Updated on 12/02/2015 3:44PM

Jerardi: Mohaymen at top of Derby heap – for now

R. L. Thibodeau
Mohaymen showed he's a serious horse with his 94-Beyer victory in the Remsen.

I have been waiting all fall for the 2-year-old colts to start running fast. I am still waiting, but I was finally encouraged by a performance. I loved everything about Mohaymen in Saturday’s Remsen – tactical speed, ability to relax behind horses on the inside, willingness to split horses in the stretch, the instant acceleration that has been winning races forever, and the career-best 94 Beyer, the second-best figure by any 2-year-old male in 2015.

If we were coming up on the first Saturday in May instead of the first Saturday in December, the unbeaten $2.2 million son of Tapit would be my Kentucky Derby choice. But that is just a thought, not yet an opinion.

The only 2-year-old male to run faster was Matt King Coal (96) in the race after he was beaten by Gift Box, the horse that could not keep up with Mohaymen late in the Remsen. So I will reserve judgment on the Matt King Coal performance.

We all got spoiled by American Pharoah’s triple digit Beyers in the 2014 Del Mar Futurity and FrontRunner. That was the early sign something special could be on the horizon.

There have been no such signs in 2015. In fact, three of the four fastest Beyers by a 2-year-old this year have been by a filly. So it is at least possible that 2016 will be the reverse of 2015 when the fillies were really slow in comparison to other years and definitely in comparison to the colts of their generation.

Songbird’s 99 in the Breeders’ Cup Juvenile Fillies seems likely to hold up as the best Beyer of the 2-year-olds.

Carina Mia, another filly, has the next-best Beyer with a 97, followed by Matt King Coal and the filly Pretty Cool (95). Championofthenile and Greenpointcrusader each got the same 94 Mohaymen just got, but, to me, the most impressive of the 94 group has to be the filly Behrnik’s Bank, not a national name yet, but that may be coming soon.

I watched her Nov. 4 debut at Penn National and almost fell out of my chair. She went 21.94, 44.74, 57.00, and 1:09.54 for the six furlongs, winning by 18 1/2 lengths on a surface that was not super fast. She got an 88 Beyer and I had one thought – the Pennsylvania-bred filly version of Smarty Jones. It was that impressive.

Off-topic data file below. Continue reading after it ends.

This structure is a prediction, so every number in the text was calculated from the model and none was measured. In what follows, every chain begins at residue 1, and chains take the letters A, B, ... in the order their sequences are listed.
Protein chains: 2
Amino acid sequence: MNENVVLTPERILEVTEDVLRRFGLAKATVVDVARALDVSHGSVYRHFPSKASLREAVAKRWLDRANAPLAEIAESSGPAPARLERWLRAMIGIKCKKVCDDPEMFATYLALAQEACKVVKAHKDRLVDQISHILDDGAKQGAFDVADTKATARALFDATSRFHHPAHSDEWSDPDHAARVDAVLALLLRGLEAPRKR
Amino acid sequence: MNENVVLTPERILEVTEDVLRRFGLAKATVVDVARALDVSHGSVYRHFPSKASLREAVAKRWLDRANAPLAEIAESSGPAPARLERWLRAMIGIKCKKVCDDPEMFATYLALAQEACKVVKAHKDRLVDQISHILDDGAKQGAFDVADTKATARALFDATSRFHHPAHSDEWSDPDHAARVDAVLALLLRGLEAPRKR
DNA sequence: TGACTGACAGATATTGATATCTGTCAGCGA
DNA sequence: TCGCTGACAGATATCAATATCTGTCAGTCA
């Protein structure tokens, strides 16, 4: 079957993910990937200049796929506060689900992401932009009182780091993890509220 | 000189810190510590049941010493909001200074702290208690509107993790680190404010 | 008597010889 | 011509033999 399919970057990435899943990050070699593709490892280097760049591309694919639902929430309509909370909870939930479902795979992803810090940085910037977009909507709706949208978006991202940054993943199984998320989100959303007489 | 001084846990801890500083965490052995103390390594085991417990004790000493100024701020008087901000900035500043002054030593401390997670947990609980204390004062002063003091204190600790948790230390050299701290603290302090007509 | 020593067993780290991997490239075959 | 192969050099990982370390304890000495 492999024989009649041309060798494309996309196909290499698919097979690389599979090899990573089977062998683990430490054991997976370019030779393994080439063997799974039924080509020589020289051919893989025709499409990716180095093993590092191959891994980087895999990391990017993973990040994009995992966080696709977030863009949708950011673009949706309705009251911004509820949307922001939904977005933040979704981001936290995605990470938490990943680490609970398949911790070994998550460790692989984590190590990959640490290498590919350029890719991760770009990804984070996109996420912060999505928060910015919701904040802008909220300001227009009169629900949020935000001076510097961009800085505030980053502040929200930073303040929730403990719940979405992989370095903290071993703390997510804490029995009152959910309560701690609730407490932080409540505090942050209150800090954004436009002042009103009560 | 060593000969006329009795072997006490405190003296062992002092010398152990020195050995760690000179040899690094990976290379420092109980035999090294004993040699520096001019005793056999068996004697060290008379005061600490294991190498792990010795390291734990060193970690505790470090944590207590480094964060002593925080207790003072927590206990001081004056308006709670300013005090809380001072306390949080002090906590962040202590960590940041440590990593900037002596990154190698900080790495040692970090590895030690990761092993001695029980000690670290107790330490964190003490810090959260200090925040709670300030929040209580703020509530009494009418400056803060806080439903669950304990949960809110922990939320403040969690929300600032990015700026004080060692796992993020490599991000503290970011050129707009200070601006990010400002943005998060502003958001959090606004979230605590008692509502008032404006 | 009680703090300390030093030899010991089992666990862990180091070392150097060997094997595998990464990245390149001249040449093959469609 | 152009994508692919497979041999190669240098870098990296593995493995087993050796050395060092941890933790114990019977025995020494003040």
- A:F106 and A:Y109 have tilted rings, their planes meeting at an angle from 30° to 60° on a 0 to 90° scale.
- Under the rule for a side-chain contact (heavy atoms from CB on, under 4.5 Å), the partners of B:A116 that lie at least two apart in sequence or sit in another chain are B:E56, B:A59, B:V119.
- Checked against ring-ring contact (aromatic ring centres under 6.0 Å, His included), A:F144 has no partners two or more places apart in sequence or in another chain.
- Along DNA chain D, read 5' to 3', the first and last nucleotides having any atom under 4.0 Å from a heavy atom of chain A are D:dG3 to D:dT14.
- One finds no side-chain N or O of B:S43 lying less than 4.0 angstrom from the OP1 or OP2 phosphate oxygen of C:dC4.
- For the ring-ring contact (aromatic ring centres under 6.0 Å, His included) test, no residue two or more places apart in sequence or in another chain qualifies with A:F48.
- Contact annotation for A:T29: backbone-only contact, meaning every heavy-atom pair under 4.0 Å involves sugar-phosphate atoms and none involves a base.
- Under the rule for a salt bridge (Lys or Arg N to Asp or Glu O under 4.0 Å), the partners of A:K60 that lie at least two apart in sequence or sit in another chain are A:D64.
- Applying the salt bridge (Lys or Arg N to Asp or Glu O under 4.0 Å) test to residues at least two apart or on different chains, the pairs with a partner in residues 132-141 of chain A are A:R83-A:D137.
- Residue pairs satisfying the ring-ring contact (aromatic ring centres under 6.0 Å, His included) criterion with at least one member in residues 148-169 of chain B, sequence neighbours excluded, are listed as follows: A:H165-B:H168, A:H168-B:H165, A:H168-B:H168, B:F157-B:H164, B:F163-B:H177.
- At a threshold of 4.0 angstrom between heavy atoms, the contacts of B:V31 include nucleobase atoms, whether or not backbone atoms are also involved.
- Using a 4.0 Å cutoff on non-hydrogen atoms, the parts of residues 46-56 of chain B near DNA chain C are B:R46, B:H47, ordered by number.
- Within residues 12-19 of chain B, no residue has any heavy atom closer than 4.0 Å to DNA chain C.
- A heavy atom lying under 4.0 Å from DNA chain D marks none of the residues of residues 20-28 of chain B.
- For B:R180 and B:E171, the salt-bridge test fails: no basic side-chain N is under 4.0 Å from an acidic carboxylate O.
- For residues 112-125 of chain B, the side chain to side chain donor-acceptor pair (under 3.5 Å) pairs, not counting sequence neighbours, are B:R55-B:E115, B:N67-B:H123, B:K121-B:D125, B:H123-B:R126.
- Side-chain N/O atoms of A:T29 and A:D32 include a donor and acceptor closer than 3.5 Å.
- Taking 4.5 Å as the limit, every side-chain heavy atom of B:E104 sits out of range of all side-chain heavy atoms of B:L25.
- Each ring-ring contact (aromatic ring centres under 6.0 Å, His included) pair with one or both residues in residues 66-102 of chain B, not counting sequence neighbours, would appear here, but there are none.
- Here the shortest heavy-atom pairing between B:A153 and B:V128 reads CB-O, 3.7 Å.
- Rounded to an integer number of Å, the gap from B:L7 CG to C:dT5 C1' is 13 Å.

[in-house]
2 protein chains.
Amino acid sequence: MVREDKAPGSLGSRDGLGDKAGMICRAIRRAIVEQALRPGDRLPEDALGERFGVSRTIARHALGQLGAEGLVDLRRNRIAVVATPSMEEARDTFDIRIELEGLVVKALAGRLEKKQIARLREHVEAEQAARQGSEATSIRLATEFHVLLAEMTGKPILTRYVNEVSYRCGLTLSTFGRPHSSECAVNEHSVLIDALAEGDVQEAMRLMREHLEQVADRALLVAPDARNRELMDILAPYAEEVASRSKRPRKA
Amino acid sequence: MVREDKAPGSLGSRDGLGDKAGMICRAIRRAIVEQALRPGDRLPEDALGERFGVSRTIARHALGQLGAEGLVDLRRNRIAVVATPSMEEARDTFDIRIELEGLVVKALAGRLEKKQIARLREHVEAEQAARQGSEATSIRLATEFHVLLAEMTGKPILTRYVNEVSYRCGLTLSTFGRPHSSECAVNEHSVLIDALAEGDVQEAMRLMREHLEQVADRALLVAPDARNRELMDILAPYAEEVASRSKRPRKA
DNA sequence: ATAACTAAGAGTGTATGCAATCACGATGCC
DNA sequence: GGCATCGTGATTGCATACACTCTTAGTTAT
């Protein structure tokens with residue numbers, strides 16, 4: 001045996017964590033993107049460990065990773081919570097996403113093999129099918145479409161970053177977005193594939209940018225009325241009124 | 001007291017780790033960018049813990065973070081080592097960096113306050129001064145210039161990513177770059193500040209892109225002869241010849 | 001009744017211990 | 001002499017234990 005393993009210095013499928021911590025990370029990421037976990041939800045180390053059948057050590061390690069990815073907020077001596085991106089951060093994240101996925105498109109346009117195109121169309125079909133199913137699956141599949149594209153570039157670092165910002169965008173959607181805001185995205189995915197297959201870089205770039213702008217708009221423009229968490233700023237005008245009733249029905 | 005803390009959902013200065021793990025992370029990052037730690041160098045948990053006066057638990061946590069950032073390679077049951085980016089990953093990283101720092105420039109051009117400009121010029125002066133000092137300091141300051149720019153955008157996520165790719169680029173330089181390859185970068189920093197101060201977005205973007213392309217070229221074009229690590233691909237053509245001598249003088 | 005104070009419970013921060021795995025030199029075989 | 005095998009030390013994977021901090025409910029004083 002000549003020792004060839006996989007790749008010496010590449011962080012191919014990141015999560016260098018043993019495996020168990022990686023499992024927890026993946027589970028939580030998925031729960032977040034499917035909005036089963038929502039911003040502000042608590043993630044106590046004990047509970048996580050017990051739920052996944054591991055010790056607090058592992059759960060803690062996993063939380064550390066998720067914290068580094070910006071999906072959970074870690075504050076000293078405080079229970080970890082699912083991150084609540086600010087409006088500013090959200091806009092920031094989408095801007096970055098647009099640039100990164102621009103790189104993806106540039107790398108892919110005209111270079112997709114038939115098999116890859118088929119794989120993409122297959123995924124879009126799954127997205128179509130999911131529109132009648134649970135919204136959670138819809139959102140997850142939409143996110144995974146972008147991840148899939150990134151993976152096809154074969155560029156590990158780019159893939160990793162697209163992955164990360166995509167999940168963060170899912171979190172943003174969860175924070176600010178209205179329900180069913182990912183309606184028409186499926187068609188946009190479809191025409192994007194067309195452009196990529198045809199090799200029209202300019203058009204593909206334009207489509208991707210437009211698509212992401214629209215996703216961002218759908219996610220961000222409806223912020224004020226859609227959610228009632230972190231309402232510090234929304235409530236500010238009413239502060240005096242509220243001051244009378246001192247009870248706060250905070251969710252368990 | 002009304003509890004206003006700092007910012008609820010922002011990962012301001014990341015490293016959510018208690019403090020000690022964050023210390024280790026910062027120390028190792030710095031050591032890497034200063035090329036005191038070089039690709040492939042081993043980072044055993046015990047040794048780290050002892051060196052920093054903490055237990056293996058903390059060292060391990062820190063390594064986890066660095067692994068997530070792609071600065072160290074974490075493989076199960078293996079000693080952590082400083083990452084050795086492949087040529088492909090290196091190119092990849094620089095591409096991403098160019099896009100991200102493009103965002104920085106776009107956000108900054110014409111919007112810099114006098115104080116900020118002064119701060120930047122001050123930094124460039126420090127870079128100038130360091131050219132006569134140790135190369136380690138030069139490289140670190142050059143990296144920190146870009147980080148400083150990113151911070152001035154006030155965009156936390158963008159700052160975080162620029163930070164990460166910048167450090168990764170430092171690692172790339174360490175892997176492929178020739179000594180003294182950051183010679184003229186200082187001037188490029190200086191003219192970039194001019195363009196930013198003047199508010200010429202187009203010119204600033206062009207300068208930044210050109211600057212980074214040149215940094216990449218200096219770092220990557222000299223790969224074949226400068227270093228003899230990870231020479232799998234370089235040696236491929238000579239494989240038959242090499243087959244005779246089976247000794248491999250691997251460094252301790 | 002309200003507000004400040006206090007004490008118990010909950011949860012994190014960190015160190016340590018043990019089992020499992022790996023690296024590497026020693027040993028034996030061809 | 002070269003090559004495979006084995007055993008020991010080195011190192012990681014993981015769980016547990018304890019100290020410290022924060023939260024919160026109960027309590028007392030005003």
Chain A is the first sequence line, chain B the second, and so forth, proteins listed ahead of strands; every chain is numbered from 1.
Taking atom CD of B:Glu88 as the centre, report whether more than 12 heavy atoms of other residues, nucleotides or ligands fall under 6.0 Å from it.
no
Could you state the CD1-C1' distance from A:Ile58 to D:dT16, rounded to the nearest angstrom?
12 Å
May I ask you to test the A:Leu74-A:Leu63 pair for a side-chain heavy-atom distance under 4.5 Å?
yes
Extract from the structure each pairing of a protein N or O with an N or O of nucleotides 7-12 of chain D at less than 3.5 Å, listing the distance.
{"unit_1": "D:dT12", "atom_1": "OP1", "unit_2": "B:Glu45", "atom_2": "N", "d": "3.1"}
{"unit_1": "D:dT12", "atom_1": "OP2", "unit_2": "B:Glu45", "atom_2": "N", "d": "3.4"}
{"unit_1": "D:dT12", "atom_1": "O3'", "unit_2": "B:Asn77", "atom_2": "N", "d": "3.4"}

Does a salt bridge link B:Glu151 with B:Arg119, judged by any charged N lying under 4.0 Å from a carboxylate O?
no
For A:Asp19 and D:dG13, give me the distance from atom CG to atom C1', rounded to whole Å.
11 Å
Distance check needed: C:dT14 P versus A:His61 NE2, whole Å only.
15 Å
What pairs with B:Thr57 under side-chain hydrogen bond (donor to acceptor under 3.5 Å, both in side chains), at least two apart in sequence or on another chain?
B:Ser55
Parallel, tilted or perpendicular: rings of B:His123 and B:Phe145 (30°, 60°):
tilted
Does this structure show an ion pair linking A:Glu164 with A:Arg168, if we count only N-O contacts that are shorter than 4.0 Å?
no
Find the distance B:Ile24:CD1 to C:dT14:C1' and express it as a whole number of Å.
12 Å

Some heavyweight players tried to buy her right after the first start, but the offers – some I was told were around $750,000 – were rejected.

The filly ran back in a Pennsylvania-bred stakes at Penn the night before Thanksgiving, two races before Favorite Tale, third in the Breeders’ Cup Sprint, ran in the Fabulous Strike. Both races were at six furlongs.

The 2-year-old filly ran these fractions – 22.36, 44.95, 57.18 – finishing in 1:10.22 and winning by 13 lengths. She won as easily as a horse can win a race and kept galloping past the finish line like more distance would be welcomed.

The 4-year-old gelding Favorite Tale ran these fractions – 22.05, 45.19, 57.80 – finishing in 1:11.00 and winning by two lengths. Favorite Tale looked like a horse that was nearing the end of a long campaign and had just a run a brutal race 25 days before in the Breeders’ Cup at Keeneland. He was not at his very best, but had an inherent edge that carried him home.

Still, the initial reaction was that the filly just ran faster than a multiple stakes winner. Turned out Favorite Tale just ran fast enough to win and got only an 83 Beyer, way off his best.

Behrnik’s Bank, however, got a 94 Beyer with the promise of much more down the road. If you have not seen her run yet, check out the replays. It is some show.

Not sure how much longer owner Peter Kazamias and trainer Dimitrios Synnefias can hold off the offers, which have surely gone up since the second race. I think she would be rather dangerous in Pa.-bred stakes next year, but there is a wider world out there and Behrnik’s Bank looks good enough to find her place in it.

A previous version incorrectly stated that Favorite Tale is a 3-year-old. He is a 4-year-old.